The problem is that everyone interprets “unlimited” differently. Some judge unlimited to be 2 weeks, while others judge it to be 5 weeks. It all comes down to what individual managers agree to, but whatever they decide, it’s unlikely to be anywhere close to unlimited. So to set clear expectations for everyone, I strongly advocate for an absolute amount of vacation time every year (e.g. 4 weeks).

The one element of a compensation package that we should not neglect is a fair market rate salary. Many startups underpay their workforce and compensate by giving titles and perks. However, we need to realize that it’s not a replacement for salary. As our team members age, they start having family and kids. This changes their priorities.

I’ve witnessed many talented colleagues leave the organization because of undermarket pay, joining organizations that can afford to pay them more. They also tend to be our A players, individuals that acquired a ton of experience and knowledge through trial and error training. Quite valuable assets that we lose to established firms…

So forget the material perks. We want market rate compensation and a clear amount of vacation time. We want to feel cared for.

“… and to work for a visionary leader”

Startups are a chaotic affair. Our priorities change month to month, and sometimes even our business models pivot.

Among all these changes, I’ve found that team members often find comfort in a visionary leader. An individual that knows exactly where we are going, why, and how. By believing in their leader, team members don’t doubt their eventual success.

So how can we, as leaders, create the perception that we know where we’re going, why, and how? Well, for one, we need to know these things. I thus find it helpful to:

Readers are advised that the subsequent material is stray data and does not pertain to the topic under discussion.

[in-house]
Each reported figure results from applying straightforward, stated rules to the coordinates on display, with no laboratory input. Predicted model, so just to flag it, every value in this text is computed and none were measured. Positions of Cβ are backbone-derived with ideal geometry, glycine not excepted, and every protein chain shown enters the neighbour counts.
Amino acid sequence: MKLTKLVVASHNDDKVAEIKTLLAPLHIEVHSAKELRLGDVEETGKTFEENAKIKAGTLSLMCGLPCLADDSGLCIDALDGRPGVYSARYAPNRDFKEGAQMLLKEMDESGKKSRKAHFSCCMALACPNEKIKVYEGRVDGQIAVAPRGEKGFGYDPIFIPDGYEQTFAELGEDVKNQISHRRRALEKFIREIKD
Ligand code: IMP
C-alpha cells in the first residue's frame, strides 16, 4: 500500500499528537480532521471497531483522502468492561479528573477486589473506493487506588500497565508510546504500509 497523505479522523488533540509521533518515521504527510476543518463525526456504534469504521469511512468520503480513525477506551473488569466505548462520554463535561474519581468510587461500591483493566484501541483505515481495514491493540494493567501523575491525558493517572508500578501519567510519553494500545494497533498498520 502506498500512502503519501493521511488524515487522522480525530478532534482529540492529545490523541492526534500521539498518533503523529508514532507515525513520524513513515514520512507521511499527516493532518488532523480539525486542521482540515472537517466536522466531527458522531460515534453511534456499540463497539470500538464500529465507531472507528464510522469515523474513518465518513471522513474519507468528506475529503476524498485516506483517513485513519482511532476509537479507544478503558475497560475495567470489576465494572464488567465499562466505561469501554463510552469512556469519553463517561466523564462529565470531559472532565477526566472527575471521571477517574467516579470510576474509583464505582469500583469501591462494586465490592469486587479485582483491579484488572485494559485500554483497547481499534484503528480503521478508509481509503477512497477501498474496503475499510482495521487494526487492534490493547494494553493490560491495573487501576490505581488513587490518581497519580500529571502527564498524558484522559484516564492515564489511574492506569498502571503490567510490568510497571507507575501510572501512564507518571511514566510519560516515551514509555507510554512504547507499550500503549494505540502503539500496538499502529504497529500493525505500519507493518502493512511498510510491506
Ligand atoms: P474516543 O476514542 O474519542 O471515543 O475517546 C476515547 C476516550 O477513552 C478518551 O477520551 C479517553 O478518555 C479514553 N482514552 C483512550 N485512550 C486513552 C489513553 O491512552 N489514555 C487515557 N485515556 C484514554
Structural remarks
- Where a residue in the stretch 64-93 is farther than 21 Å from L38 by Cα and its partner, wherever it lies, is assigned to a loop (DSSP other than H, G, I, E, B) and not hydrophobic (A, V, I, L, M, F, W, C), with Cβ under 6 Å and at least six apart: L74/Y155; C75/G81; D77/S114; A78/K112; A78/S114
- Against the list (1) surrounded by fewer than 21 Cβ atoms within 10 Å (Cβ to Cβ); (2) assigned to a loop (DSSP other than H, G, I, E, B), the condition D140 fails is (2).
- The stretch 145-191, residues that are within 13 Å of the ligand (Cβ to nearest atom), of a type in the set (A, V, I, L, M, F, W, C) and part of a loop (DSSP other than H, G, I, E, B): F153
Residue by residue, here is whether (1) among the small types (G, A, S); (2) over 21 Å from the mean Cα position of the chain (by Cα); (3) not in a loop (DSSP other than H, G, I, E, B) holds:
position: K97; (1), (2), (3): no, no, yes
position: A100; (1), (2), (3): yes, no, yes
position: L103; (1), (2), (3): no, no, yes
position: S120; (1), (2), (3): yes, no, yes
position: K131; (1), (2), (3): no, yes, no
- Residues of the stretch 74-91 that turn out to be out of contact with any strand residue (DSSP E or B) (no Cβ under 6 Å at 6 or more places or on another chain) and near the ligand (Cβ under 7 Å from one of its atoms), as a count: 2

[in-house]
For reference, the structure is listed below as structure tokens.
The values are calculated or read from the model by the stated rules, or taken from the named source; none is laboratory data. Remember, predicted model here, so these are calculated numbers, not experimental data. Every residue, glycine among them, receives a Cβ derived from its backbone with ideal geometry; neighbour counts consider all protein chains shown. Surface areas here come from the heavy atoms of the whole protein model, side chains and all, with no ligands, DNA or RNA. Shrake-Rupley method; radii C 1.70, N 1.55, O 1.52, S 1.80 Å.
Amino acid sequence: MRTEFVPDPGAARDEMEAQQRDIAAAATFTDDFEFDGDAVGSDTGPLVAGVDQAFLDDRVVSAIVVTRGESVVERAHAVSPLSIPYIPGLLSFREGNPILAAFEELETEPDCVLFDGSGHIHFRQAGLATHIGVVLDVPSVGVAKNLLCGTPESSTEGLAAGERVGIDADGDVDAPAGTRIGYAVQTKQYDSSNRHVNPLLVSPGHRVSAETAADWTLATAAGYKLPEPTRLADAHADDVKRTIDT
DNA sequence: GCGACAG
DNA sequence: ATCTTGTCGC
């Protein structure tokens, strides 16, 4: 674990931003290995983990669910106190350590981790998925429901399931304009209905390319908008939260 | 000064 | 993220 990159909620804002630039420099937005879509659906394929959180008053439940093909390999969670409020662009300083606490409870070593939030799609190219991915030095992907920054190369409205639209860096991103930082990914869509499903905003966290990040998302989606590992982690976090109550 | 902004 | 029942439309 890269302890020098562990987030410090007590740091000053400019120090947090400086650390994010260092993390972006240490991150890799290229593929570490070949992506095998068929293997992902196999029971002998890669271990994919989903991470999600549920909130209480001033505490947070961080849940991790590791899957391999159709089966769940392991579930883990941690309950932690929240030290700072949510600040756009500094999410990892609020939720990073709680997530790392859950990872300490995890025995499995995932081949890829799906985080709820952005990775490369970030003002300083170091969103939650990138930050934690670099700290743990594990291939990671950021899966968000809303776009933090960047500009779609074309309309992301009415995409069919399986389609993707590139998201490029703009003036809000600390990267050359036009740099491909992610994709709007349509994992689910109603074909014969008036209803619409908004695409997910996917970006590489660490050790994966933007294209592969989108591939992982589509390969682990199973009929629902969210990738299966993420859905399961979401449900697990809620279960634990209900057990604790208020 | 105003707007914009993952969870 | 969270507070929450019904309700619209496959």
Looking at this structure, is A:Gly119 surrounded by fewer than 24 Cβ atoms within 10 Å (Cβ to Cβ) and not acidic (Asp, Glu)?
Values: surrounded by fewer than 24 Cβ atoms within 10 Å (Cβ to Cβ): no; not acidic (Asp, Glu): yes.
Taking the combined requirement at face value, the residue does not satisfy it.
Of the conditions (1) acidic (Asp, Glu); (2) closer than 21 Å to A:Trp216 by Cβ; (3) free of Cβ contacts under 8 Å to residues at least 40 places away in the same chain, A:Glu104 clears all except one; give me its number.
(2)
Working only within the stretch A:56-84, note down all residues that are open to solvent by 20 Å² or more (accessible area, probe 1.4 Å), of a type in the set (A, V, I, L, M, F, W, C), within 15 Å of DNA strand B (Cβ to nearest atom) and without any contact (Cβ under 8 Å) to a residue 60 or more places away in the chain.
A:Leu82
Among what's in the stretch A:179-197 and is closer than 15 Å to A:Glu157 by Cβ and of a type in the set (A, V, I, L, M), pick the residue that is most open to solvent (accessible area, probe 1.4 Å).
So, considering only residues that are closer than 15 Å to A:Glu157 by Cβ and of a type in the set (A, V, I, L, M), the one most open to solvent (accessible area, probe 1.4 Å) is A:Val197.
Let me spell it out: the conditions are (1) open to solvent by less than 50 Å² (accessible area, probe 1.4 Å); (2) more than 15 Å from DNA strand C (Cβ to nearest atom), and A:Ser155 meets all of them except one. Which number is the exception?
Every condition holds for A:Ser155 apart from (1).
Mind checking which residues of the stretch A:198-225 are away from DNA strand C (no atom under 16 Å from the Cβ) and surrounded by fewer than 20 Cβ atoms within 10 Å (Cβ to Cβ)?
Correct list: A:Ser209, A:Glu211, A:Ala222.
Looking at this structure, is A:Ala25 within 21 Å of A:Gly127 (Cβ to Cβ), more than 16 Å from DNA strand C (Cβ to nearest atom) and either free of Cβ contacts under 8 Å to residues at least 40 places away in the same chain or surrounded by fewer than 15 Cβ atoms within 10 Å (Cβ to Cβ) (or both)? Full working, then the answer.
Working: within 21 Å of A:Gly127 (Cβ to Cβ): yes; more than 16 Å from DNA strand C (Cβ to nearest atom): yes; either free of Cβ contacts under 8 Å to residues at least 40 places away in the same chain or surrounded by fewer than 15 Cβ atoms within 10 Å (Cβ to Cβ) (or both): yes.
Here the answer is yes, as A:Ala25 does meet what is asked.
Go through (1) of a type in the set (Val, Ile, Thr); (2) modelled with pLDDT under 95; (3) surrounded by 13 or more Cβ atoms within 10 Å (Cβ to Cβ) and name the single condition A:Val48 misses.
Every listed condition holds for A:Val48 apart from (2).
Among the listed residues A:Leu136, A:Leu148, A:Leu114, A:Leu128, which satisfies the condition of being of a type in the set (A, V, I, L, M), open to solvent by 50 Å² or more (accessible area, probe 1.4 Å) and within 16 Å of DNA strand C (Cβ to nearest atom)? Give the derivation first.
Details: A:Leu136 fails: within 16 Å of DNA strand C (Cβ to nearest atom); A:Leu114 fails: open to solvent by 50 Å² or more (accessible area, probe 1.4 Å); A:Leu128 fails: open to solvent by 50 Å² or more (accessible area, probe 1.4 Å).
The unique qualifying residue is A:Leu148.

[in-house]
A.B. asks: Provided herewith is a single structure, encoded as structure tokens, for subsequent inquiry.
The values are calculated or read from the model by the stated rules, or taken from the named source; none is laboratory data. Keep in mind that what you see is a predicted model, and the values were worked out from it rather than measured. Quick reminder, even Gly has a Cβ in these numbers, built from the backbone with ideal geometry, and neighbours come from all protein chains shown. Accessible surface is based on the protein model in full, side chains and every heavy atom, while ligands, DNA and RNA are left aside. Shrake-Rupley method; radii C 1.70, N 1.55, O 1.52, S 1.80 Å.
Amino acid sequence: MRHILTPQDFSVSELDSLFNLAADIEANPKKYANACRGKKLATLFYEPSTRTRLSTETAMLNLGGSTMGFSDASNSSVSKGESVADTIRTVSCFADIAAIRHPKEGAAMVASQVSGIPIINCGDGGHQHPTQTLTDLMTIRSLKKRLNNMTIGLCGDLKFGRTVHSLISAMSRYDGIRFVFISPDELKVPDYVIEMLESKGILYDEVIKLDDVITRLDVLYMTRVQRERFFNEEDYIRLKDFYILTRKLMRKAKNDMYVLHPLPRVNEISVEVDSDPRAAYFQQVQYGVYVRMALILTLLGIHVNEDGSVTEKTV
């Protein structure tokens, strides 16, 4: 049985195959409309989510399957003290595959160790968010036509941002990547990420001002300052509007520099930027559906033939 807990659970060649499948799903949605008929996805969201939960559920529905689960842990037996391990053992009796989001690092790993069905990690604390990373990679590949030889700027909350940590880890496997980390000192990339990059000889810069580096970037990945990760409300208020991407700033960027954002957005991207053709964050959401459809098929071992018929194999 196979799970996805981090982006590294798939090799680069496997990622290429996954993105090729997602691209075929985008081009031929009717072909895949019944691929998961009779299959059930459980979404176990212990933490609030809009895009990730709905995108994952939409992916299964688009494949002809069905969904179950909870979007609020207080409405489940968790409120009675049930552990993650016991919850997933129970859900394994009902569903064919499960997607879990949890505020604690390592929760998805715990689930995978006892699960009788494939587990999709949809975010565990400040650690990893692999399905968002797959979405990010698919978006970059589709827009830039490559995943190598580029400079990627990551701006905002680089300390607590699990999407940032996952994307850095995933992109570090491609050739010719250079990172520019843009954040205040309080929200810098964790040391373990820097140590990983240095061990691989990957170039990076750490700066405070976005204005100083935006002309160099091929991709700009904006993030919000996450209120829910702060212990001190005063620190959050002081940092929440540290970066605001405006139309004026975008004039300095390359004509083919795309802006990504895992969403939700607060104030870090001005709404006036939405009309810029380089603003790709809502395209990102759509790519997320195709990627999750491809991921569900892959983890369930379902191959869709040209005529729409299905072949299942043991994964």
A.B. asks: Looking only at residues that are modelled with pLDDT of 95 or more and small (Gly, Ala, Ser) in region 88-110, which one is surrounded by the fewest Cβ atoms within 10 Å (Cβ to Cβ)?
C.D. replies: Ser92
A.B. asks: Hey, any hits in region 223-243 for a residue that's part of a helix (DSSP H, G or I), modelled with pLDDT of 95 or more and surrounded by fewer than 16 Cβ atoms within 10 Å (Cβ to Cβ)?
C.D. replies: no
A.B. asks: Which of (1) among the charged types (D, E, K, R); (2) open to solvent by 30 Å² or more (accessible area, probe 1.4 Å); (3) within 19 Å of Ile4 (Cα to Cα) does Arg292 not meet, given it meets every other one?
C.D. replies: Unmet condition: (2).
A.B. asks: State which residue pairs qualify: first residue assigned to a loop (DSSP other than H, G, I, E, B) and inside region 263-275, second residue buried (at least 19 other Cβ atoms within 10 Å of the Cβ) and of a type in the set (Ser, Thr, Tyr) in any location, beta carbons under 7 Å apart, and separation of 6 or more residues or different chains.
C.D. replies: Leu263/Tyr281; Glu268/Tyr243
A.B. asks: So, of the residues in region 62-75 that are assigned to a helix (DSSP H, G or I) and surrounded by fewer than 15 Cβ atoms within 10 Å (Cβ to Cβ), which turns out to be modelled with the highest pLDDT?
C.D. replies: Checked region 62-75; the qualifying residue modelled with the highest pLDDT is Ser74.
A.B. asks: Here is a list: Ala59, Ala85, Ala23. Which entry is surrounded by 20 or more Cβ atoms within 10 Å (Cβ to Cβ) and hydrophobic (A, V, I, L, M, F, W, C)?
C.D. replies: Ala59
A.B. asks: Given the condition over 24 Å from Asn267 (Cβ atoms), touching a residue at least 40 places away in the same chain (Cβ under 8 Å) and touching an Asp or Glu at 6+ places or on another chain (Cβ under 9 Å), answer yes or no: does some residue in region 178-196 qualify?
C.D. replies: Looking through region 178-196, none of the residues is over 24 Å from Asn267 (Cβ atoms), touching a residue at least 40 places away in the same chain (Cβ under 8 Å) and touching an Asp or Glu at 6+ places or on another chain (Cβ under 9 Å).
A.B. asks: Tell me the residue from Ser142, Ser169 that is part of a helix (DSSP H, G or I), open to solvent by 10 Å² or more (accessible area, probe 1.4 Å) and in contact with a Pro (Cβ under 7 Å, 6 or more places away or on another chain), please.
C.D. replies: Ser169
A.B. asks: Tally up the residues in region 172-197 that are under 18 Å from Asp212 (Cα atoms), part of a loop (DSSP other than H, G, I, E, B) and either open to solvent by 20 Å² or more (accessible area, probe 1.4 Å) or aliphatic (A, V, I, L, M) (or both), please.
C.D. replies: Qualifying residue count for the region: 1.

• Make sure to have a competitive strategy;
  • Explain why before implementing any changes;
  • Care honestly about team members’ well being and personal growth;
  • Be around the team, experience their daily work, and empathize with their daily challenges;
  • Facilitate problem solving and provide active guidance on what solutions are aligned with our company strategy (know what not to do prioritize and undertake); and
  • Avoid micro-managing as it undermines the team’s ability to execute.

Ultimately, we all want to feel important. As long as we feel purpose in our work and have the means to live comfortably, we will fight ferociously to achieve our team goals.

Recommended exercise

Let’s conduct a survey with our team members and ask them: “Why did you choose to work with us? What is important to you in your time here and what is not?”

Are you leading a startup team? Get started on the right foot with the Start-up Manager Handbook. And subscribe on the right for new insights every week!

Should I speak up and voice my thought?

Should I speak up and voice my thought?

I’ve definitely had strong thoughts about things at work, and yet kept them to myself.

In many instances, it was absolutely the right thing to do (e.g. when I’m frustrated at a client), but in other cases, it was most likely counter-productive. Especially in a startup environment, it’s my opinion that ideas need to flow freely. 

So in this blog post, I’m going to explore a few situations where not voicing our thought can be detrimental to the company:

“That’s a good point… now I don’t need to bring it up anymore.”

My process for reviewing product plans goes something like this: 1. Review the entire plan; and 2. Give feedback that others haven’t given yet (e.g. ask about how my team will be impacted).